Pain and Penalties


"Err, Professor?"

"Yes, Harry?" asked Dumbledore.

"Why can't… why can't we just ask for a trial for Sirius? He said he never got one? I mean, doesn't that mean he's not guilty of any crimes?"

At this, Albus Dumbledore leaned back in his seat, frowning.

"Harry… sometimes the Wizarding World is not fair. In fact, it is quite ugly."


"Sirius is correct, in that he never received a trial. This does not change his guilt in the eyes of the law."

"What? But to be guilty, I mean, you need a trial, right?"

"No," replied Dumbledore. He leaned forward, and set down his half-moon glasses. He clasped his hands in front of him, his knuckles white with pressure for an instant, but this too passed. "I'm afraid we will need to spend some time in the weeds of parliamentary procedure, but I assume, Harry, that you are aware of the difference between a bill and a law, correct?"

"A bill is something that can be turned into a law by Parliament."

"Correct. The Muggle government has a House of Commons and a House of Lords, however the Wizarding government has only the Wizengamot. They share a common root, as they are both English, and share a multitude of pomp and ceremony, as well as process and procedures. If you further your muggle history education, you may come across this topic in regards to Oliver Cromwell, especially in regards to how he disposed of his enemies."

"He's the one who overthrew the King, right?"

"Correct, Mister Potter, during the English Civil War. The topic of interest, however, is known as a 'bill of pain and penalties.' In more recent times, it is called a writ or bill of attainder. To explain, it is the duty of a parliament, such as the Wizengamot, to make laws, along with penalties for breaking those laws, correct?"


"Then, would it be wrong to not write a law stating that someone had broken the law?"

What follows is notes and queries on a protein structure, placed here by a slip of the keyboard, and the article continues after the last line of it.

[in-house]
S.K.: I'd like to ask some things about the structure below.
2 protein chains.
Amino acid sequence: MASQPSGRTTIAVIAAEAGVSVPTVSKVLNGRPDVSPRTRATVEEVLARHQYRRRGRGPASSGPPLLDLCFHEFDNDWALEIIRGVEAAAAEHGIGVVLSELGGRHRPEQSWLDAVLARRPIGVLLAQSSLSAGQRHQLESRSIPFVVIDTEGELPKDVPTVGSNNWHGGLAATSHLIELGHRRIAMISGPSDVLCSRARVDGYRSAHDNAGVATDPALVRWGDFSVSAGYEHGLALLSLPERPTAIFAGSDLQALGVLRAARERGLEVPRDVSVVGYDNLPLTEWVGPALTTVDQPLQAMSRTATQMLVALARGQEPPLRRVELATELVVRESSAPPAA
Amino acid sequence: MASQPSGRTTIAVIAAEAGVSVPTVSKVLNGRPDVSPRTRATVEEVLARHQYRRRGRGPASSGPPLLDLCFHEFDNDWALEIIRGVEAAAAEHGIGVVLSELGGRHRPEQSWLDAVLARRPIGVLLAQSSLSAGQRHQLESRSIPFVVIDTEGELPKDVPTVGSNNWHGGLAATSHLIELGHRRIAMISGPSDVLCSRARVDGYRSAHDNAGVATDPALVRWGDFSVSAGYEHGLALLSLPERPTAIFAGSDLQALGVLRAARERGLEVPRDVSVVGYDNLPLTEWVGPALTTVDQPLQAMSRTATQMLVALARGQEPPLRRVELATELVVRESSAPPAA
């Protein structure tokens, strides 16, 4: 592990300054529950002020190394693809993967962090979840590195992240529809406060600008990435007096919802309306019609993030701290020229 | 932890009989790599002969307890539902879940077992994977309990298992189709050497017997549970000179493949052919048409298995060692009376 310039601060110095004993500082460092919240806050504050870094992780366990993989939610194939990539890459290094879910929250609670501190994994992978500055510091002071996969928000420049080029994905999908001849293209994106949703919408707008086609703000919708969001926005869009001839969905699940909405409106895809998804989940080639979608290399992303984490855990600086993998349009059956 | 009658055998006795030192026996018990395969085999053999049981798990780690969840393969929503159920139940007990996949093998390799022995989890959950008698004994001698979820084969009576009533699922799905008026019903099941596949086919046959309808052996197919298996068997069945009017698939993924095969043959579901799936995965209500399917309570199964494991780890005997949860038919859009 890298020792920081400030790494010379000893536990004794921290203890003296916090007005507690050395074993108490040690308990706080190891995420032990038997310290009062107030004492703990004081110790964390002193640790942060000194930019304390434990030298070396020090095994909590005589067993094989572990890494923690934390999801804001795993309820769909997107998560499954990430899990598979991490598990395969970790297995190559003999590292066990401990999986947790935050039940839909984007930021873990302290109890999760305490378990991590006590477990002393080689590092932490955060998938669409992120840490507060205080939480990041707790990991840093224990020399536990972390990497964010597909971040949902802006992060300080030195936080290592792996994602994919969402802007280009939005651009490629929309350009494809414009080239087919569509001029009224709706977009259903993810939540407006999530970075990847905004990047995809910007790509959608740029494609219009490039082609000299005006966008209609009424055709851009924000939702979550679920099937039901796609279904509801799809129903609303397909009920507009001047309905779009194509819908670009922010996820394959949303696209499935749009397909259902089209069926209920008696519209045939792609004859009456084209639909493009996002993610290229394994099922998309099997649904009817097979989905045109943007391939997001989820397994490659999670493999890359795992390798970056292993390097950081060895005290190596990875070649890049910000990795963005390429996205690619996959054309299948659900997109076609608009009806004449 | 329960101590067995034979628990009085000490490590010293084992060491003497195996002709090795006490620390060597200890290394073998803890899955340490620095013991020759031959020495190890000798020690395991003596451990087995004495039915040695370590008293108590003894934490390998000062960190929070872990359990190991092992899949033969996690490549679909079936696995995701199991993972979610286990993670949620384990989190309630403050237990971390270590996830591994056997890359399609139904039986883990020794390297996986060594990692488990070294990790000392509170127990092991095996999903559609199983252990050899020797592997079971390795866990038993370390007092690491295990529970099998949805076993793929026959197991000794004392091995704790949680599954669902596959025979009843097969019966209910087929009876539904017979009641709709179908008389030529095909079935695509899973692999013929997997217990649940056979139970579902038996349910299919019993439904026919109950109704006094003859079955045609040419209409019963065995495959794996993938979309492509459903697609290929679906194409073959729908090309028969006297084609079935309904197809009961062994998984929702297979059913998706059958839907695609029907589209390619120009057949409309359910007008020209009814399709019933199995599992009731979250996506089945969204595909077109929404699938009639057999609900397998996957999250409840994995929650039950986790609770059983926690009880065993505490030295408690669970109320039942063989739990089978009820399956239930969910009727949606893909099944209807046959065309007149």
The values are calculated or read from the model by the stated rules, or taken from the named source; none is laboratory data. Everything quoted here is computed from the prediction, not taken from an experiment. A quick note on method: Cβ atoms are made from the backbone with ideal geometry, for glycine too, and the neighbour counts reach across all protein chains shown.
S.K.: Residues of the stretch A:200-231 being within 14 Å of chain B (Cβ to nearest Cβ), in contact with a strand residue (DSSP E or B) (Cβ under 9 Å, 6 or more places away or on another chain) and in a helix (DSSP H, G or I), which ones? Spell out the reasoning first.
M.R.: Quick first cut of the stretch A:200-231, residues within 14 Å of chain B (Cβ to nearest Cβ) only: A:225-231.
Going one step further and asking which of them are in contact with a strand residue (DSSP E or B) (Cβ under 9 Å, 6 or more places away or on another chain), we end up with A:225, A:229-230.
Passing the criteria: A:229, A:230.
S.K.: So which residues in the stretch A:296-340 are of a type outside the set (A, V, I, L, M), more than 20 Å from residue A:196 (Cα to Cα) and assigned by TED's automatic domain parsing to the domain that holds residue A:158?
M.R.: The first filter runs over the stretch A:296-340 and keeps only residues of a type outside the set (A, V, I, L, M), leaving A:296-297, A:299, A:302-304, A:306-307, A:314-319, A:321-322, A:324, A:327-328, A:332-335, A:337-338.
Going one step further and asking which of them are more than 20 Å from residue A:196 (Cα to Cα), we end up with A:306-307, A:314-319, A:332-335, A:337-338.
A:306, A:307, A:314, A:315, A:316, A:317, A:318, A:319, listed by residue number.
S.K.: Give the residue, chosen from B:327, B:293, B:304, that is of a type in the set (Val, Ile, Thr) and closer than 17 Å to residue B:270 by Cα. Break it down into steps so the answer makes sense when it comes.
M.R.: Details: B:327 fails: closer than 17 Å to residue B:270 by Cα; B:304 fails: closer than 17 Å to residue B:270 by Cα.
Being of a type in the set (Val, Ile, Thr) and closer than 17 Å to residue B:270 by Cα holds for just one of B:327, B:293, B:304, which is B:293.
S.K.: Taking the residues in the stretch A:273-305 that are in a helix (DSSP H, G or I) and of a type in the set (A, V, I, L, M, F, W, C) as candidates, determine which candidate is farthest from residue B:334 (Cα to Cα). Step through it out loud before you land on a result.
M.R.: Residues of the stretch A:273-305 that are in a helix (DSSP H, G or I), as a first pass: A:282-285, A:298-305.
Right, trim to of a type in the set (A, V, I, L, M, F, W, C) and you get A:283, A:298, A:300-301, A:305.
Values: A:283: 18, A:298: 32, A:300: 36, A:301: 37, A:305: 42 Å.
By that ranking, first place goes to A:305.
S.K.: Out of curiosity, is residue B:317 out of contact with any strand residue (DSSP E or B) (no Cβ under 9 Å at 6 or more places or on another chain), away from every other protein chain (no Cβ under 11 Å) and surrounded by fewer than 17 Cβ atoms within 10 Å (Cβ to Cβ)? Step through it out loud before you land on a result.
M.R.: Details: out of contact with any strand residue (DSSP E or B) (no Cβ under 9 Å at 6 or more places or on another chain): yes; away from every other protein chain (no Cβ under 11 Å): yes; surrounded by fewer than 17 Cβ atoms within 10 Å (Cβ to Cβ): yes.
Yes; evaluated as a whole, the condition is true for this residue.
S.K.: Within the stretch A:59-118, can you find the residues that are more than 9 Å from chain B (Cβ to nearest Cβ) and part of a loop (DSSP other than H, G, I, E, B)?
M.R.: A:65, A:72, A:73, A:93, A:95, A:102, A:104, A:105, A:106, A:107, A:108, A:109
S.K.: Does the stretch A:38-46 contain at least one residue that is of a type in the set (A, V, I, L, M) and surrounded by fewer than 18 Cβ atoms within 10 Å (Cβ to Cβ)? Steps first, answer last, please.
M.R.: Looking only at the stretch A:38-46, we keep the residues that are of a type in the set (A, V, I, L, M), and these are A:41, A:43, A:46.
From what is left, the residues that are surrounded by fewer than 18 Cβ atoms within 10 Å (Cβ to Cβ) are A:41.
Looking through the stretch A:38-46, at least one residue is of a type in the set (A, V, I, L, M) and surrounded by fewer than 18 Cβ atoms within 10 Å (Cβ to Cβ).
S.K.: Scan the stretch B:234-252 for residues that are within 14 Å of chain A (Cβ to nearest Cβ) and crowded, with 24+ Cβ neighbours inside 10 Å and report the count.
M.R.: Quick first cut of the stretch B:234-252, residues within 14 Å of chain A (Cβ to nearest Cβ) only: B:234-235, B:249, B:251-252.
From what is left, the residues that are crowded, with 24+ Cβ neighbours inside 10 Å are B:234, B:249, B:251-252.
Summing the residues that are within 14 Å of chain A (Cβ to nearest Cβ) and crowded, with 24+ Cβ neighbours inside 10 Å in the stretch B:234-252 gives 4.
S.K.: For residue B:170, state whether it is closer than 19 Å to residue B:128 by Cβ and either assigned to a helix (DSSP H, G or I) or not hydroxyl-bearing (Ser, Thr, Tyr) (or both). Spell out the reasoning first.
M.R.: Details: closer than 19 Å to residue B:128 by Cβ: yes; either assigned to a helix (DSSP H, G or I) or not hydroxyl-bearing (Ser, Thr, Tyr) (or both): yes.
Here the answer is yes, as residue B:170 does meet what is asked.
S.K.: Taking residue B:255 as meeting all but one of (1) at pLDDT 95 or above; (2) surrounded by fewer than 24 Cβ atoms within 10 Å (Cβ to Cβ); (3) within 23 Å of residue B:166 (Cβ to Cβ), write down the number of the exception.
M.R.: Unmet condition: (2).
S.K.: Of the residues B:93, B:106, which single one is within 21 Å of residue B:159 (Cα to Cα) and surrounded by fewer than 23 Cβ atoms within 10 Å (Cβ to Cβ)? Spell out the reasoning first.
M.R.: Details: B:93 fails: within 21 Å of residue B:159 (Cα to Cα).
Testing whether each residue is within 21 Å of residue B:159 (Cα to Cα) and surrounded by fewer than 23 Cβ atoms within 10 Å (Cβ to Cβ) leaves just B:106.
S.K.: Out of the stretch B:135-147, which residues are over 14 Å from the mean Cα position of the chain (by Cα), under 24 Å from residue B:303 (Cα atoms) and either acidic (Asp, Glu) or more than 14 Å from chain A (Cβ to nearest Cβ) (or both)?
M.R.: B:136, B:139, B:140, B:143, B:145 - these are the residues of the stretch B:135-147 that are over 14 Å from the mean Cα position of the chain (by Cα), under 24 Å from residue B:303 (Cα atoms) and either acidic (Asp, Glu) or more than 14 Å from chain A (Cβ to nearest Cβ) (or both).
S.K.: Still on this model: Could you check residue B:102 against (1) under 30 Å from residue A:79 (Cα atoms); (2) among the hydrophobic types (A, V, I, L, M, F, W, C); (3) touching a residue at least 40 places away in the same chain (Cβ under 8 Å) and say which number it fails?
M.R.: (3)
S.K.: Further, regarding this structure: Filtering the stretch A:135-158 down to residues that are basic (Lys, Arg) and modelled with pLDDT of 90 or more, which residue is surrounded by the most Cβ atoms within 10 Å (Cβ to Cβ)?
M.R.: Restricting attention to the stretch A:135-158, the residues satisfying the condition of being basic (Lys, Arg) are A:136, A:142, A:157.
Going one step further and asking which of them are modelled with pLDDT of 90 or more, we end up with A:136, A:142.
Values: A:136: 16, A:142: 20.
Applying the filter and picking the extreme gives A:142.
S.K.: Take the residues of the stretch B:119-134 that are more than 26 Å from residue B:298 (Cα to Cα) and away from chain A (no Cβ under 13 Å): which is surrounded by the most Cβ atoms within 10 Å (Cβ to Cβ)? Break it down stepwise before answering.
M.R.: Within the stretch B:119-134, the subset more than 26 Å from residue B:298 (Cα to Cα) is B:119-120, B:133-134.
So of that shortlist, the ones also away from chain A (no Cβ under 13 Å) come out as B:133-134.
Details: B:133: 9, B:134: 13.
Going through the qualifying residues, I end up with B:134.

"Err… wait, what?"

"It's simple. I have a law that states a person broke the law."

"But… what if they didn't break the law?"

"No, Harry. You misunderstand. The parliament wrote a bill stating an individual broke the law."

It dawned on Harry.

"You mean… the Wizengamot passed a bill stating Sirius Black betrayed my family?"

"Yes. They did. They wrote a bill of attainder stating Sirius Black betrayed the Potters to Voldemort, that he murdered Peter Pettigrew, and that he murdered twelve muggles. In the old term for this bill, that was the pain. And as penalty, they declared him sentenced for life to Azkaban."

Harry rocked back in his chair.

"I'm sorry Harry. Getting the Wizengamot to admit to wrongdoing… to admit that they were wrong… even I cannot achieve such a monumental task."


Author's Notes: Bills of Attainder are still legal under UK law, but no reported bill has been passed since 1820. Winston Churchill supposedly advocated for summary execution of Nazi leadership post-WWII using Bills of Attainder as the legal justification, but both the United States and the Soviet Union wanted trials.

In the United States, these bills are banned from Federal Law (Article 1, Section 9) and under State Law (Article 1, Section 10), because the Founders said "We are not having this bullshit in our country."

The whole "Sirius needs a trial" thing bugged me, and this eventually clicked into place.

Other Notes: Yes, I am still alive. No, I have not finished anything. I want to get back to writing either Jamie Evans or Elsewhere/Elsewhen, but as can be seen, my brain has been elsewhere.